valid File-Handle resource in /usr/local/psa
on line 26





That’s just really BAD programming: you MUST check that those handles returned are valid when you open a file... dang... that’s Programming 101 Stuff. But I digress...

Hey! Look there! I see more URLs pointing to executable files. Gee, I wonder what’ll happen...?

Anyway... we now manage to round out the list of files that was in our original encrypted configuration data, and Joe’s machine goes out and grabs a file from "" This actually does appear to be some sort of uninstall program, written in Visual Basic, and weighing in at 45,056 bytes. It only seems targeted at the files directly installed by the hp1.exe file, though.

But, lest we forget, we still have a Wise install running in the background. And, you guessed it, in “PRIORITY” order, it downloads:

"" (270,415 bytes)
"" (500,869 bytes)
"" (53,738 bytes)
"" (270,415 bytes - ????????)

Yes, you read that correctly. It DID download the exact same file twice. (It must be a personality trait of the morally bankrupt that they can be both clever and inane at the same time. The authors of these programs really do pull off some amazing stuff... but then they follow that up almost immediately by doing some amazingly STUPID stuff. Consistency guys, consistency...)

While all of that is happening, hp1.exe (Remember that file? It’s the one we started this installment with...) phones home to tell the folks at that all is well in malware-land, that it has done everything it was supposed to do, and that it deserves a big ol’ digital pat on the back:

"http://{D358D17F-0D1A-4A98-A98D-810B01216183} &what=newinstall&aff=bigs104&country=US&ocx18=1&myexe=1&avatar=1&e2give=1"

“See! Look what I did! I installed ‘ocx18’ (mm20.ocx), ‘myexe’ (8-24.exe), ‘avatar’ (ast_4_mm.exe), and ‘e2give’ (MediaMotor25.exe) on this poor schmoe’s computer! Aren’t you proud of me?”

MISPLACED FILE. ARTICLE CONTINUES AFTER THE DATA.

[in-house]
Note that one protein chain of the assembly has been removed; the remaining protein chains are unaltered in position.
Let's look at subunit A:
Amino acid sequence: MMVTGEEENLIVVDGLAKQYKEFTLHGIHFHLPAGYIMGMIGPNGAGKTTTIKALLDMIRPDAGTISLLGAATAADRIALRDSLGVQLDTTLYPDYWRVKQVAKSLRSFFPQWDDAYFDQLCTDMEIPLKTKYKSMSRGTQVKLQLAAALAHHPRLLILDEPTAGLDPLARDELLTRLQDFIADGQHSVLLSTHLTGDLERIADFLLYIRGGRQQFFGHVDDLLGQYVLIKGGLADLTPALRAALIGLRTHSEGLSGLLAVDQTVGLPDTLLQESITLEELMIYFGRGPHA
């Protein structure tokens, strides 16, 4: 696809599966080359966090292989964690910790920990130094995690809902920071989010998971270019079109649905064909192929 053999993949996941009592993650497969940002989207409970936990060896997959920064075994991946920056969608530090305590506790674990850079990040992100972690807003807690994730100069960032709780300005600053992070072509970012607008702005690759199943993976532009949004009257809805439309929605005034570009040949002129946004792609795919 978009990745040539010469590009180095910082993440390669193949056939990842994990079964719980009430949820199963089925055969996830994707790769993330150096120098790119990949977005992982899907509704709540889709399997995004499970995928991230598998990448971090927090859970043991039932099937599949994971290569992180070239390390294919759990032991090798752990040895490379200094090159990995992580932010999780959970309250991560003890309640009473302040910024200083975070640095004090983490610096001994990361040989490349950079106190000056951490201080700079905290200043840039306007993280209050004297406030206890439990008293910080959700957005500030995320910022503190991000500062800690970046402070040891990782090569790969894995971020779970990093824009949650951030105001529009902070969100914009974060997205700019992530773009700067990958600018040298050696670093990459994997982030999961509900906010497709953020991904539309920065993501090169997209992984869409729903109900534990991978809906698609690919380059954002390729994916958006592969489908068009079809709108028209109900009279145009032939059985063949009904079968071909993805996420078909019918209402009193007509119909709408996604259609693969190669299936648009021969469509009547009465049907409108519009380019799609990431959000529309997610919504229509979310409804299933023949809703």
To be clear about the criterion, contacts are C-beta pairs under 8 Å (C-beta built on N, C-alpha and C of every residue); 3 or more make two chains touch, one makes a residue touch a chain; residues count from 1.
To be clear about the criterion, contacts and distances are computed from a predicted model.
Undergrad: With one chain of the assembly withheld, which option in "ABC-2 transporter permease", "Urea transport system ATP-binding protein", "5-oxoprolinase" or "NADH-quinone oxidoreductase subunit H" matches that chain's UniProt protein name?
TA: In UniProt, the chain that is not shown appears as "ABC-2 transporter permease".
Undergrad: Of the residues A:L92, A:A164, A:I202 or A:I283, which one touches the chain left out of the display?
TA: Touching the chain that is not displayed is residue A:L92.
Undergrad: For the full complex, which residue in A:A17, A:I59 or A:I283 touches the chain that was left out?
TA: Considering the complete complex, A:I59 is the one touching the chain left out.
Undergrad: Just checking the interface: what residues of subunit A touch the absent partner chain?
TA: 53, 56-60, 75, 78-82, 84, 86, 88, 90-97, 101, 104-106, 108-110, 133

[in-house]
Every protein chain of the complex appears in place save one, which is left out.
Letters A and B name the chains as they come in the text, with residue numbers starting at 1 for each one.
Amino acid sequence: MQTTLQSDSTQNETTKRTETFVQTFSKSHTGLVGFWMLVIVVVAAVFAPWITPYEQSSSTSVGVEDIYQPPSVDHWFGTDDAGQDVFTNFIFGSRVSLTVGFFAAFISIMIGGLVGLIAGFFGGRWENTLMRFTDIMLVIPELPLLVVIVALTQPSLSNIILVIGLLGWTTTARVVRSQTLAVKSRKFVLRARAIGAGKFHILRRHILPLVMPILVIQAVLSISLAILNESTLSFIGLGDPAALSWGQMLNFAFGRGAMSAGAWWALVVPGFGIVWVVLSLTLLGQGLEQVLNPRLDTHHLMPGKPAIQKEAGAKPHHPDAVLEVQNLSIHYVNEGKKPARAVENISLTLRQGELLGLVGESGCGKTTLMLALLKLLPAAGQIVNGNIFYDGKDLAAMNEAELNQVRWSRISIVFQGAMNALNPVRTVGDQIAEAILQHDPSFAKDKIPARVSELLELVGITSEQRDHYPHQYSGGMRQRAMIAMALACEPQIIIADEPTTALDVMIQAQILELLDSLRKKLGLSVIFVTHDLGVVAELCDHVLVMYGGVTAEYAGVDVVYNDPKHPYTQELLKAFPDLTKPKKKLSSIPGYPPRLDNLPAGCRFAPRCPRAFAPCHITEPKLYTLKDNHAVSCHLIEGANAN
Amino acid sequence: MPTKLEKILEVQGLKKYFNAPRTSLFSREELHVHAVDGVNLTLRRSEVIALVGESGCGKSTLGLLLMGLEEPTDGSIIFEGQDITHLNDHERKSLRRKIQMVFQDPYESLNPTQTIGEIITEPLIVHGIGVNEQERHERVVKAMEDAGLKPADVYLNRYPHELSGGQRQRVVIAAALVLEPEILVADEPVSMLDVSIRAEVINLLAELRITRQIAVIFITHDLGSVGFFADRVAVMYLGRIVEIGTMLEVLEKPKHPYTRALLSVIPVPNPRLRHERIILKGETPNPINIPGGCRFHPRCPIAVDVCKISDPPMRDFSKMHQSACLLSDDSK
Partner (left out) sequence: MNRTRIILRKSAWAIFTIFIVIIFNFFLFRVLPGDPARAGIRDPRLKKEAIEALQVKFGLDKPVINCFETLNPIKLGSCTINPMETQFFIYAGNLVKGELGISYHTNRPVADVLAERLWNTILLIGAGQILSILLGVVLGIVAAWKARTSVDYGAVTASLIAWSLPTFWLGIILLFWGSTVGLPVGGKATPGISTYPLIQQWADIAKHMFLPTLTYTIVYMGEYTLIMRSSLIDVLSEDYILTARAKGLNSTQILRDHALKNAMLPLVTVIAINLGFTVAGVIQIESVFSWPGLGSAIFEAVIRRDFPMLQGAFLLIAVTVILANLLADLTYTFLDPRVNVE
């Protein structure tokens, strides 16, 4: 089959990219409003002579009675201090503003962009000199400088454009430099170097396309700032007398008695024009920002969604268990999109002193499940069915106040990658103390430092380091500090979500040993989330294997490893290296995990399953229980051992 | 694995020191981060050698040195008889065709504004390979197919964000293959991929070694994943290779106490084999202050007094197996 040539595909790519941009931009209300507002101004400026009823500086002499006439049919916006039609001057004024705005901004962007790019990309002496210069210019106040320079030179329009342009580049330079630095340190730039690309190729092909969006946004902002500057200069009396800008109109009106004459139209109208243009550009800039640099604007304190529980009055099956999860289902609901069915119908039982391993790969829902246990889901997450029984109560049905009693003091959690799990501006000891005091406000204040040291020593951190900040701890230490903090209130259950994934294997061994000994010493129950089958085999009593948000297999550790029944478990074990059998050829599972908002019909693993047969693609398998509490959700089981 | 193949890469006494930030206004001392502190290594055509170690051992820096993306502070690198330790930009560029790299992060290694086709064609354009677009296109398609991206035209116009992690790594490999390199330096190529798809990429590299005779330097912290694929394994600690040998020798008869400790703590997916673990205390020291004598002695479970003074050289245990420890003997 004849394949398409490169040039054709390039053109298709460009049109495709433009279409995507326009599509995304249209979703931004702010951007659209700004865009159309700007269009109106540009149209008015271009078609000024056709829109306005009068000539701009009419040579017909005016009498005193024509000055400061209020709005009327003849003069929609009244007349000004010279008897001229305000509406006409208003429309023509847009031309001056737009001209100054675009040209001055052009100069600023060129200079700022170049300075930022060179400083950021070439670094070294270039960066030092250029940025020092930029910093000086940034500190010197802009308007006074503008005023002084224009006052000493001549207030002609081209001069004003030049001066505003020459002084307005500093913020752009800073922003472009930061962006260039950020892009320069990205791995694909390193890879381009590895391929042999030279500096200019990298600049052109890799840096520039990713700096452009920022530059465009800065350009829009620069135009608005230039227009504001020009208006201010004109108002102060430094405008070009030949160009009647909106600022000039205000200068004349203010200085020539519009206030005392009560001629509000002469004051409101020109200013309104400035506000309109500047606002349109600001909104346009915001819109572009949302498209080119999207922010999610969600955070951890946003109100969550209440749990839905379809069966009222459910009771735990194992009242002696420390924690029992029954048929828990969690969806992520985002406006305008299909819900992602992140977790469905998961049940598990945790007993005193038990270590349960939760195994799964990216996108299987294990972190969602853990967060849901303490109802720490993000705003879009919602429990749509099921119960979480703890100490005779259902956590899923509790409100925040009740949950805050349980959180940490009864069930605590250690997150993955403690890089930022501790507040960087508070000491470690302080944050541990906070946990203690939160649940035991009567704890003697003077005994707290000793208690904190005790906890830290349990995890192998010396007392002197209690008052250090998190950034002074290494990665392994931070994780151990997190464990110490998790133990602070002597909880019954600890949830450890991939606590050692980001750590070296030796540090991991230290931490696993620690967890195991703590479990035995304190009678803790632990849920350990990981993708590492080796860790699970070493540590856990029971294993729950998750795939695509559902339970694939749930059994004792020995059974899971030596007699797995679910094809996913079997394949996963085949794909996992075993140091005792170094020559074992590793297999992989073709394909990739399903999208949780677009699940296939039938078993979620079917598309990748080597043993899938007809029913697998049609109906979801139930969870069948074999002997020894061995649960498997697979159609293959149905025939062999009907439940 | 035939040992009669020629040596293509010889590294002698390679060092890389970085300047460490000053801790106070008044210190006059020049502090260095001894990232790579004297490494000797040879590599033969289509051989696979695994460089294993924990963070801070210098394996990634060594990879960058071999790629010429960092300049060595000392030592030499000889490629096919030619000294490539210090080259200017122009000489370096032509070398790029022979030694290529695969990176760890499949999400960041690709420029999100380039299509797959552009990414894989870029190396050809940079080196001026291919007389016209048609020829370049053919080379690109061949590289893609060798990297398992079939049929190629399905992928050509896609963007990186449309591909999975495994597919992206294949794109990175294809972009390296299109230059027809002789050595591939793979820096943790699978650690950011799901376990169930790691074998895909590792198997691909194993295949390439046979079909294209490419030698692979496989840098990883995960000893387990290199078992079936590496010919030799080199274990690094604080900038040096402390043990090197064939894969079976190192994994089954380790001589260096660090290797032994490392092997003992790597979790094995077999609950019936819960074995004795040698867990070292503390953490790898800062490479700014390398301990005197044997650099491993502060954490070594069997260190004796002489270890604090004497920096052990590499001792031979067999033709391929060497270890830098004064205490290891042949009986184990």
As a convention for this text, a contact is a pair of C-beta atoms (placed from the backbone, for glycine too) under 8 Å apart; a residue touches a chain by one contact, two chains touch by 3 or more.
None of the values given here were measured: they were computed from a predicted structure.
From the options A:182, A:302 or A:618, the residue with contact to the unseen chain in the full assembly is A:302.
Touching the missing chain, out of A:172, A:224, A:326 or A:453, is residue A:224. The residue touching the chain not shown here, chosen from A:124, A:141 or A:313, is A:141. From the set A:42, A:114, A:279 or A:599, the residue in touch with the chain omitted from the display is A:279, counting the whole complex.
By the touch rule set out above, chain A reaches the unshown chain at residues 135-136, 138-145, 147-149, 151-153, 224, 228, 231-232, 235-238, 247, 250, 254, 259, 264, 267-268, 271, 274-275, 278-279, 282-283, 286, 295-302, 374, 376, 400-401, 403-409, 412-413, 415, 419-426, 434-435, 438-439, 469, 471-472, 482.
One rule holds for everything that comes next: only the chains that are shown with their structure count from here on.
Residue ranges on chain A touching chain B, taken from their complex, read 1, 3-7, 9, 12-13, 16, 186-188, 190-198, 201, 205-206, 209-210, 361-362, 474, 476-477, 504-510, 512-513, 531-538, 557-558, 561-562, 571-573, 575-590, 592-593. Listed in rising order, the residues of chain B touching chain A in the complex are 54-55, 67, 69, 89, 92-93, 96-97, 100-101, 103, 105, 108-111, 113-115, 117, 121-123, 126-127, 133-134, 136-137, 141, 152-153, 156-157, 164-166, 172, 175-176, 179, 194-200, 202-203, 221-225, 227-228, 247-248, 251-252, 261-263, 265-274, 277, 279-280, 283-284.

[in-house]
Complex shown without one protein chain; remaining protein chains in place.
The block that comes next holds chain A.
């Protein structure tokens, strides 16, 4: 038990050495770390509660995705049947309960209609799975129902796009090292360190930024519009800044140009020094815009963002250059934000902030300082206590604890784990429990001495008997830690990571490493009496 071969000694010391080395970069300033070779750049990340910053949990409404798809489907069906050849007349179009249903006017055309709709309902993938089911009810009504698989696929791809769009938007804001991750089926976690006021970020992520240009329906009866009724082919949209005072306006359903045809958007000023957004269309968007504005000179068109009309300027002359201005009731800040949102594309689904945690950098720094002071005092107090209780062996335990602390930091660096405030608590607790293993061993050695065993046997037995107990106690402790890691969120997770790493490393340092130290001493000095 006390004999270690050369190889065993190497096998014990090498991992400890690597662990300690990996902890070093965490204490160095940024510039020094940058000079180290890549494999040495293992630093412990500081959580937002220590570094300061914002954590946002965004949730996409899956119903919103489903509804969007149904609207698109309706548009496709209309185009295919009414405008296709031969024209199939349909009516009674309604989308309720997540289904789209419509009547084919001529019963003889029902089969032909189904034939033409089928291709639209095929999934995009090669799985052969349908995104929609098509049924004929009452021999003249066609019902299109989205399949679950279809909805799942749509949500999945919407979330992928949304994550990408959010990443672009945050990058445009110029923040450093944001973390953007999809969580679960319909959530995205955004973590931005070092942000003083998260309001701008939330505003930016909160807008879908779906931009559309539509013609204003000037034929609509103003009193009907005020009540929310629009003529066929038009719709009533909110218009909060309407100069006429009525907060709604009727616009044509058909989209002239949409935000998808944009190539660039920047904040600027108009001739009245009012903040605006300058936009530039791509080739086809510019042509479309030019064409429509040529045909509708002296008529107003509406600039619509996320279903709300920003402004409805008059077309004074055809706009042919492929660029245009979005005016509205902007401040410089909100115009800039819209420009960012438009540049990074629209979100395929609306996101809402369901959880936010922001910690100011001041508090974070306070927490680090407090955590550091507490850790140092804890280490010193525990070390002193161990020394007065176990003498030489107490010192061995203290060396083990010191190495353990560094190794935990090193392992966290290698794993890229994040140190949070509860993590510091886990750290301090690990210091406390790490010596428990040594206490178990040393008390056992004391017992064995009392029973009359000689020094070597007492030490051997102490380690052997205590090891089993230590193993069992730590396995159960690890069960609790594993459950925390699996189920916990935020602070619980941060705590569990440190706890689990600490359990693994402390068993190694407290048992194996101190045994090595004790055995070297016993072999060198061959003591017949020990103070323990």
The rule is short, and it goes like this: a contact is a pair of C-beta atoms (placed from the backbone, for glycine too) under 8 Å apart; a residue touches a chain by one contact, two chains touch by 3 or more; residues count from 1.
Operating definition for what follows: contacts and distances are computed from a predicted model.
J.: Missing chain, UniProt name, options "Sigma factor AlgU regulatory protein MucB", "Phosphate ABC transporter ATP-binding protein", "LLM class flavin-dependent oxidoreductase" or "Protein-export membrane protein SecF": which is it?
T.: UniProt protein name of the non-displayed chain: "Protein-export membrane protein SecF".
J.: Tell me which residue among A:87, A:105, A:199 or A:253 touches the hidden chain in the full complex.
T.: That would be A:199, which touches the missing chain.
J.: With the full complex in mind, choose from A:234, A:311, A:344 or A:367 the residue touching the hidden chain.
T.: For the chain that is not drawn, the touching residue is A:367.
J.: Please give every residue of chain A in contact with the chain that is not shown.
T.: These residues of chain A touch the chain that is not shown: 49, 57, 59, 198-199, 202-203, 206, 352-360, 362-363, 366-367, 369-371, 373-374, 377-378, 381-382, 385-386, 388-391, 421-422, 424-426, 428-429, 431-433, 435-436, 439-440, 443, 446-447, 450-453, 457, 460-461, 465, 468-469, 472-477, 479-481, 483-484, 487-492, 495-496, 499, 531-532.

Not to be outdone, our Wise installer needs to phone home and let everyone know what a good job it did too:


So where does this leave us?

Well, Joe’s computer now has had so many fun and exciting “additions” installed I’m beginning to lose track. Let’s see: Joe’s computer now has two “affiliate buck” redirectors (SAHAgent and e2give), it’s had stuff from installed, as well as all of those files from And there’s more... trust me, there’s more.

Remember: this is all the result of visiting a SINGLE website with an unpatched machine.

If you ever need to explain to someone the pitfalls involved in not patching, all you need to do is point them to this listing:

The score card thus far (and I’m only counting executable content):

hp2.exe (16,384 bytes)
tvmupdater4bp5.exe (195,072 bytes)
AtPartners.dll (96,256 bytes)
SplWbr.dll (454,656 bytes – expands out to 3 files making up 892,288 bytes)
ezbdlLs.dll (151,040 bytes – expands out to 4 files making up 314,880 bytes)
hp1.exe (49,152 bytes)
mm20.ocx (61,440 bytes)
8-24.exe (40,960 bytes)
MediaMotor25.exe (9,056 bytes)
ast_4_mm.exe (129,152 bytes)
IeBHOs.dll (129,536 bytes)
cpr_mm2.exe (270,415 bytes)
ab1.exe (500,869 bytes)
tvm_bundle.exe (53,738 bytes)
and of course cpr_mm2.exe (270,415 bytes) again...

The shameful total (thus far... there’s more to come):
15 files – 2,428,141 bytes downloaded
20 files – 3,029,613 bytes on disk

And, no doubt, I missed a few...